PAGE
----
Sunday, September 30, 2012

Why We Use the ESV

(In honor of Nancy Thonus Hudson, my high school friend who has served the Wycliffe Bible Translators for nearly thirty years.)*

Bible translation is an ancient and venerable practice.  One of the earliest was in Coptic for Egyptians, which dates to AD 270.  An Ethiopic translation was completed in early 5th century AD.  Fragments of an early Syriac translation has been discovered, which is not surprising since one of the major early ethnic churches was the Syrian Church.  Between the years AD 350 to AD 439 the Scriptures were translated into Armenian for those in the Caucasus mountain region and in an adjacent region another translation into Georgian was done in AD 450.  An old Latin Bible was completed in AD 195 (which Augustine used) and Jerome completed his new and improved Latin Vulgate (vulgates referring to the common tongue) in 404 AD.  Unlike the old Latin Bible, Jerome relied on the original Hebrew in his translation. This particular translation was to dominate the landscape in the Middle Ages, and unfortunately led the Western Church to neglect the original languages of the Bible up until Erasmus and Luther.   Much more could be said about translations in the East as well as the history of translations in English.  However, at this point we should note four features of translations in the early history of the Church:

  • .       Translations were a function of the missionary nature of the Christian Church which was a vernacular movement, the assumption being that people needed to hear the word of God in their own native tongue (cf. Acts 2).
  • .       The whole process started in fits and starts and because of the needs of the missionaries, not because of some central authority’s efforts.  Thus, these early translations are uneven in quality.
  • .       It was assumed that a translation of the Bible could be called the word of God for this language group, yet…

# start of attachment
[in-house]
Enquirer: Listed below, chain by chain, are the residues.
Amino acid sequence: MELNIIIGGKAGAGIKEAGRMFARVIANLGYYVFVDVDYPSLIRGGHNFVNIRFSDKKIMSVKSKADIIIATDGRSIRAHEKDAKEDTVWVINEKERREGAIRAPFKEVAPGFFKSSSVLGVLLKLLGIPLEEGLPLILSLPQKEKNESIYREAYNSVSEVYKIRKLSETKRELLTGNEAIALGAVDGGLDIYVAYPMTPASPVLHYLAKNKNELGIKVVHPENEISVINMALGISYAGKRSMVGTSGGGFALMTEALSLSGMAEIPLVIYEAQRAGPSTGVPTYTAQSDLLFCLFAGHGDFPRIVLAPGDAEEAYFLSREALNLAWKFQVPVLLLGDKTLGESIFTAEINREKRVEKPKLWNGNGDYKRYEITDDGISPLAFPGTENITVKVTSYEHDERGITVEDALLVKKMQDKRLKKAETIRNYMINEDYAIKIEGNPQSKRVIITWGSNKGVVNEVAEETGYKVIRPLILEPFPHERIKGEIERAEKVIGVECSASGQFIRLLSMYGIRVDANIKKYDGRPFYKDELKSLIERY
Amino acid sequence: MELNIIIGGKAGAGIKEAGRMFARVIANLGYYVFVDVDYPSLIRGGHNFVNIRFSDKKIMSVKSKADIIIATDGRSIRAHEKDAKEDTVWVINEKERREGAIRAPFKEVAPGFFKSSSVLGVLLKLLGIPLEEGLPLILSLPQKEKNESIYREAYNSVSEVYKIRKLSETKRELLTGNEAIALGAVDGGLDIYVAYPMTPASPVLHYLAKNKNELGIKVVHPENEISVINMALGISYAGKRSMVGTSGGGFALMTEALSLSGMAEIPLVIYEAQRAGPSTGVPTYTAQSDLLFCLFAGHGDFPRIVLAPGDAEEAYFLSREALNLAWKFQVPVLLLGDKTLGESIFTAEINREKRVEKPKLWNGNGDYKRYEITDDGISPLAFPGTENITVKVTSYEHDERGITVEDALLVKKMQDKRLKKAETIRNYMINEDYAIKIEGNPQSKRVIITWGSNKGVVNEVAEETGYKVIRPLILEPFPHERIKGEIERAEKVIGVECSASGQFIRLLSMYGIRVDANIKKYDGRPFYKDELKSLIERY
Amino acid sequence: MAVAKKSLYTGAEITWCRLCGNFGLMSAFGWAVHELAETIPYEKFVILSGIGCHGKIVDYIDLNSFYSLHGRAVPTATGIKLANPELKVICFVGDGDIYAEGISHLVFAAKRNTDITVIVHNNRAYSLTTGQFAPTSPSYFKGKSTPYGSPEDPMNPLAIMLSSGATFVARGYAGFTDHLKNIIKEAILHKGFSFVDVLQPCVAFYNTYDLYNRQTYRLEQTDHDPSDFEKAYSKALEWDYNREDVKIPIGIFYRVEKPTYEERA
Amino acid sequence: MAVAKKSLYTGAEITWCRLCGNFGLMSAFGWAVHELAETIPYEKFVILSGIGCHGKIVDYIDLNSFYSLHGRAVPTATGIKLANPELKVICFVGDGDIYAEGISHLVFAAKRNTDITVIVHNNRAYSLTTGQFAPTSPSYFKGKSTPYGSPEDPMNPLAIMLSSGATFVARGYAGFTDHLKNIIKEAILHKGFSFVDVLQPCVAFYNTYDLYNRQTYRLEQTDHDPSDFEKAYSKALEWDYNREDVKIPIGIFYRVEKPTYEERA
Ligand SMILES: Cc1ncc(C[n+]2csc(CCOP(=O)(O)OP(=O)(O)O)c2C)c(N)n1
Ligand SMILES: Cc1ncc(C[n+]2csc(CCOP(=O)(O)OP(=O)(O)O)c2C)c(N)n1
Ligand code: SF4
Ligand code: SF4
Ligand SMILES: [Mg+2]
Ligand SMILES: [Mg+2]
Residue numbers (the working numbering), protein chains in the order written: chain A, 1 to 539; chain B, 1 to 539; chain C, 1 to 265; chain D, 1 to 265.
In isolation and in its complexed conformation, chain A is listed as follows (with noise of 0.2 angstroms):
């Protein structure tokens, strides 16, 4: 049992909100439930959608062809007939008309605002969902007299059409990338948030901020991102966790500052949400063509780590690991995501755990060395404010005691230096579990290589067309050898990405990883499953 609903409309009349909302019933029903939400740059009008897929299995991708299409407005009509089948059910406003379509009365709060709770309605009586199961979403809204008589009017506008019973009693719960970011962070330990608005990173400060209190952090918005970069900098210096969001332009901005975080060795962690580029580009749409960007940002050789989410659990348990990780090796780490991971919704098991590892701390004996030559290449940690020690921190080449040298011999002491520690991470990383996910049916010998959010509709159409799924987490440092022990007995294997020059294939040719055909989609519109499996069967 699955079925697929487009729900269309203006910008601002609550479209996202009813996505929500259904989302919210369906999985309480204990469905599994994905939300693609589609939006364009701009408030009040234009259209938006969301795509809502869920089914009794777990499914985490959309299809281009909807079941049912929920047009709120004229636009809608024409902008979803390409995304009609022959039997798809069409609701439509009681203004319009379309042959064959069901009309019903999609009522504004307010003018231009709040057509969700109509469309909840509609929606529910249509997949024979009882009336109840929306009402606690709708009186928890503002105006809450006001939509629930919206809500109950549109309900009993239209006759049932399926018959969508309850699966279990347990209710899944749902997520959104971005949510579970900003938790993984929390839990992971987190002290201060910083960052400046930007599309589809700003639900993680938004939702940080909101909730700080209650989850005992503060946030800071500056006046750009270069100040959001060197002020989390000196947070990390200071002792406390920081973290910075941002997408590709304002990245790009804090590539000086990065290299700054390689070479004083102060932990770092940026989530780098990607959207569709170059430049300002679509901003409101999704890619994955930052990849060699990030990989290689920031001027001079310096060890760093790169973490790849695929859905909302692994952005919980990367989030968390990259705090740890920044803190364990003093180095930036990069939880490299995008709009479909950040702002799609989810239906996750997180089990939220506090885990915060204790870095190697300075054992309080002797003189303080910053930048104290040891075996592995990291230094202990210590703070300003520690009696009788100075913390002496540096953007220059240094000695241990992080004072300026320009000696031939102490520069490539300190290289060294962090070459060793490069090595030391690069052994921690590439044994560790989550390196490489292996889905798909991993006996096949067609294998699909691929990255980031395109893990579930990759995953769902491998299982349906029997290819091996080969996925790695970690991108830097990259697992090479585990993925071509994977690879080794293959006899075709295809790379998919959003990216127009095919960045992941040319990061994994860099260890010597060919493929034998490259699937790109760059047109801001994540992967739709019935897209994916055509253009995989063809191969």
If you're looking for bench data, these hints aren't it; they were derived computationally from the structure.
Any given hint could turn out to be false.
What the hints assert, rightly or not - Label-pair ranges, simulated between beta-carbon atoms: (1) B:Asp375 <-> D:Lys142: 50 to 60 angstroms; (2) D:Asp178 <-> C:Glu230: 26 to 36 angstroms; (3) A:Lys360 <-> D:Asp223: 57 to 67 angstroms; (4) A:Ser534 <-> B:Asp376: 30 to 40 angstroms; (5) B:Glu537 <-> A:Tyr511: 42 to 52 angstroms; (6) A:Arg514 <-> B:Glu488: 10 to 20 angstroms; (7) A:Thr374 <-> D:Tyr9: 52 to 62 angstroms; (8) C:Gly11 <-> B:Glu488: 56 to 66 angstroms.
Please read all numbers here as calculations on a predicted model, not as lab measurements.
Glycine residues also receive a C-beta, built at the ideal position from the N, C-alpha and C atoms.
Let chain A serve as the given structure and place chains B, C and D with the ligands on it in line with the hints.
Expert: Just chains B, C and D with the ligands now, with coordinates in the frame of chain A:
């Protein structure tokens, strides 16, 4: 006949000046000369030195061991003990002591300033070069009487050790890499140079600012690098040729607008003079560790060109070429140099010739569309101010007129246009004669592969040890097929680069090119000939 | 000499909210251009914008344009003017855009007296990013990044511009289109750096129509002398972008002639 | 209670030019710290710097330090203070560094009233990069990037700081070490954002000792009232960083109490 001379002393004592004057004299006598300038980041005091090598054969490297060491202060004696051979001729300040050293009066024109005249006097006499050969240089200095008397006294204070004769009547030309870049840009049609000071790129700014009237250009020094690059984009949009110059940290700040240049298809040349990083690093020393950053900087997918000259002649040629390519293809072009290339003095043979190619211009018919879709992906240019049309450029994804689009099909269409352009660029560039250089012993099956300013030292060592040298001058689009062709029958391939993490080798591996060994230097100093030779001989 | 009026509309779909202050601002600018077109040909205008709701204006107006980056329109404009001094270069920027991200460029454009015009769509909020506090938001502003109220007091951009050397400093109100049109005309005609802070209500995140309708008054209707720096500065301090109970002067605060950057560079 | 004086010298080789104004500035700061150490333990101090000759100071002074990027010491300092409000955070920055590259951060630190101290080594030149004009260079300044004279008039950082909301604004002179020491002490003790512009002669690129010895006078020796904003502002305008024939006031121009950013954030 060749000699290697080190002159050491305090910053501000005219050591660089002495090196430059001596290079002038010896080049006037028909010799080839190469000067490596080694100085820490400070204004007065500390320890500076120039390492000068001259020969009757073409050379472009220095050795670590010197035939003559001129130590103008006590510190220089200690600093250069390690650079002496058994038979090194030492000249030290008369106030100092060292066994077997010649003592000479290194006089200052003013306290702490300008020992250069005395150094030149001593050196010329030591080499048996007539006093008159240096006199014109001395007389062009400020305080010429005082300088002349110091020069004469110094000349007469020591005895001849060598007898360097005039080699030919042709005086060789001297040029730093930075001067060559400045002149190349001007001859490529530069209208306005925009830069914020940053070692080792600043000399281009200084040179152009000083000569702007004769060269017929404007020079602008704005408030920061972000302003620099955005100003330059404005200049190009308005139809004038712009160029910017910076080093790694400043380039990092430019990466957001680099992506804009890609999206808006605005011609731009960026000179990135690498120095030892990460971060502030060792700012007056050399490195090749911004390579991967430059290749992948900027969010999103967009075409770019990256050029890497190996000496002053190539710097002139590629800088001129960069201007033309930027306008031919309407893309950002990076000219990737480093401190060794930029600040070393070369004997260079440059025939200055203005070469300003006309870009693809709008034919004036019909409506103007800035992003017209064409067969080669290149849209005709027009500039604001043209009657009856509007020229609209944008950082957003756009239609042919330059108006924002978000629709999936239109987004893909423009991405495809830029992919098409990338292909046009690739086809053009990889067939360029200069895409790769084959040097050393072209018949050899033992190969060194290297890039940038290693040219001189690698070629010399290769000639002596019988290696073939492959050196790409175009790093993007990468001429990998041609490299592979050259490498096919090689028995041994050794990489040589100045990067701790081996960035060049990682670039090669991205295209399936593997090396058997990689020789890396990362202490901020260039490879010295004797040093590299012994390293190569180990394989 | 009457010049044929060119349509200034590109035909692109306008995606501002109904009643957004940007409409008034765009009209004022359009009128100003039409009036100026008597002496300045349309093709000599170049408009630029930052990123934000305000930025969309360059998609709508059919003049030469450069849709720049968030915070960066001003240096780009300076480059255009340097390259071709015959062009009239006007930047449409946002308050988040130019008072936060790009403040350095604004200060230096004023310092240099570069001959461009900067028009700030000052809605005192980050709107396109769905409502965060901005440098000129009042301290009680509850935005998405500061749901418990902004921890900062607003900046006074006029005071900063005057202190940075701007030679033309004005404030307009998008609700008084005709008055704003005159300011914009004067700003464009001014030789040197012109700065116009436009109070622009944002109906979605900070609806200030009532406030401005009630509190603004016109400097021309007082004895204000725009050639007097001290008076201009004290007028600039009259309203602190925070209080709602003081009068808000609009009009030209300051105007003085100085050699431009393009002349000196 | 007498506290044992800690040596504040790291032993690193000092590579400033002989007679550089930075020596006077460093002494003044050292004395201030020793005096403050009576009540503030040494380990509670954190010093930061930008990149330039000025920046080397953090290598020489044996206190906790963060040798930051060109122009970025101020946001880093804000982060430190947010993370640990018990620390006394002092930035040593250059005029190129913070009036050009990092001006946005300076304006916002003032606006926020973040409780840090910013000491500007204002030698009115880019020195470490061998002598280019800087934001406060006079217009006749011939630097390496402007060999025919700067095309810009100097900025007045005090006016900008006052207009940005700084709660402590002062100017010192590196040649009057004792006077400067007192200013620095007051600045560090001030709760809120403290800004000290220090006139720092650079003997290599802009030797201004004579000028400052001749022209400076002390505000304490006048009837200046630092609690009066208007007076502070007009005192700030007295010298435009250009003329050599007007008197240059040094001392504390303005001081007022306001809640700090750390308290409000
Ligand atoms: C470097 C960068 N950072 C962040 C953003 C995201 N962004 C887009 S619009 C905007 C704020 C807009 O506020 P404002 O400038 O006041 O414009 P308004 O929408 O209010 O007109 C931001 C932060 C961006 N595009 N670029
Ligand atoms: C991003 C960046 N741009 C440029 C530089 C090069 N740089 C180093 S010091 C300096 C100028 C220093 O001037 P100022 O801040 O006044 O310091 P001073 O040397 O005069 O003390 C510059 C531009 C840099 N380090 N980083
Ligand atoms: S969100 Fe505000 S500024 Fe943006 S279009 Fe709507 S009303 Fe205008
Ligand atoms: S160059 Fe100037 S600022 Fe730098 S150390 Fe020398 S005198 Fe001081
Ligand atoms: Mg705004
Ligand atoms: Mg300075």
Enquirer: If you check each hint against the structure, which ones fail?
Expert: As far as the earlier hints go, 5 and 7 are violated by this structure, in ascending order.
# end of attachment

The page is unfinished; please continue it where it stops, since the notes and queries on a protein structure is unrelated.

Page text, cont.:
• .       Figures such as Jerome and much later Erasmus, Luther and Tyndale realized that these vernacular translations needed to be based on the original Hebrew and Greek texts. 
All English translations are in some measure dependent on the ground-breaking translation of William Tyndale, who in turn was influenced by Luther’s translation.  He was both a first-rate Greek scholar and master of early English prose.  To him we owe memorable phrases like “my brother’s keeper” (Gen. 4:9), “the salt of the earth” (Matt. 5:13), “a law unto themselves” (Rom. 2:14) and “the powers that be” (Rom. 13:1).  As you can tell, Tyndale was attentive to the aural qualities of the Bible.  He understood that the written text was in service to its oral quality and purpose: scriptures were originally written primarily to be read and heard a loud in public worship.
When people ask me why I (and now Truro) use the ESV for public worship its oral quality is one of the primary reasons I give.  There are numerous good translations on the market; I own and read several of them.  But I prefer the ESV for public worship because it stands squarely in the Tyndale tradition of Bible translation, especially his concern for good aural sense.  Because I also believe it is important for the Christian community to memorize key portions of the Bible, the ESV excels over other translations in this regard as well.  As a literal translation, it attempts to follow the rhythm and rhyme, the alliteration and assonance of the original text. The ESV has preserved the felicitous and memorably translated phrases of Tyndale which are noted above. 
 I encourage you to buy a reference edition for your personal study.  Mostly I encourage you to “read, mark, learn and inwardly digest” the word of God in whatever translation you use.  For the word of God is “living, active and sharper than any two-edged sword” exposing our souls to God and God to our souls so that we can become wise in matters of eternal significance.

*Heavily indebted to Alistair McGrath's In the Beginning: The Story of the King James Bible... and Ben Witherington's The Living Word of God


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  2. Fyi Rector, there's a new esv single-column journaling bible with a wide margin with lines on the side for notes that I am enjoying that I bought for this study of yours. Lots of room to "mark!" (However, the text is a bit small.)

    Julie Walsh

  3. I like the ESV alot, though I still also read the NIV pretty frequently.

    Taking the idea of memorable phrases from Tyndale with beautiful aural quality, I thought I'd add a plug for a blog I discovered about a year ago that has become a real favorite. It's called the King's English, written by the Rev. Glen Scrivener, a CoE minister and evangelist.

    Each day he produces devotional blog entries on a phrase from the King James Bible. His writing is beautiful, but above all he has a real gift for using the Word to teach the Word - showing patterns and how Scripture fits together, and how all Scripture points to the King! Highly recommended!

    Karen B.

  4. My problem is that the preponderance of evangelical study Bibles in recent decades have been NIV texts. Yet, NIV is a dull, ponderous translation, in my view. I really like my Archeological Study Bible, for example, but again, it features an NIV text. Suggestions?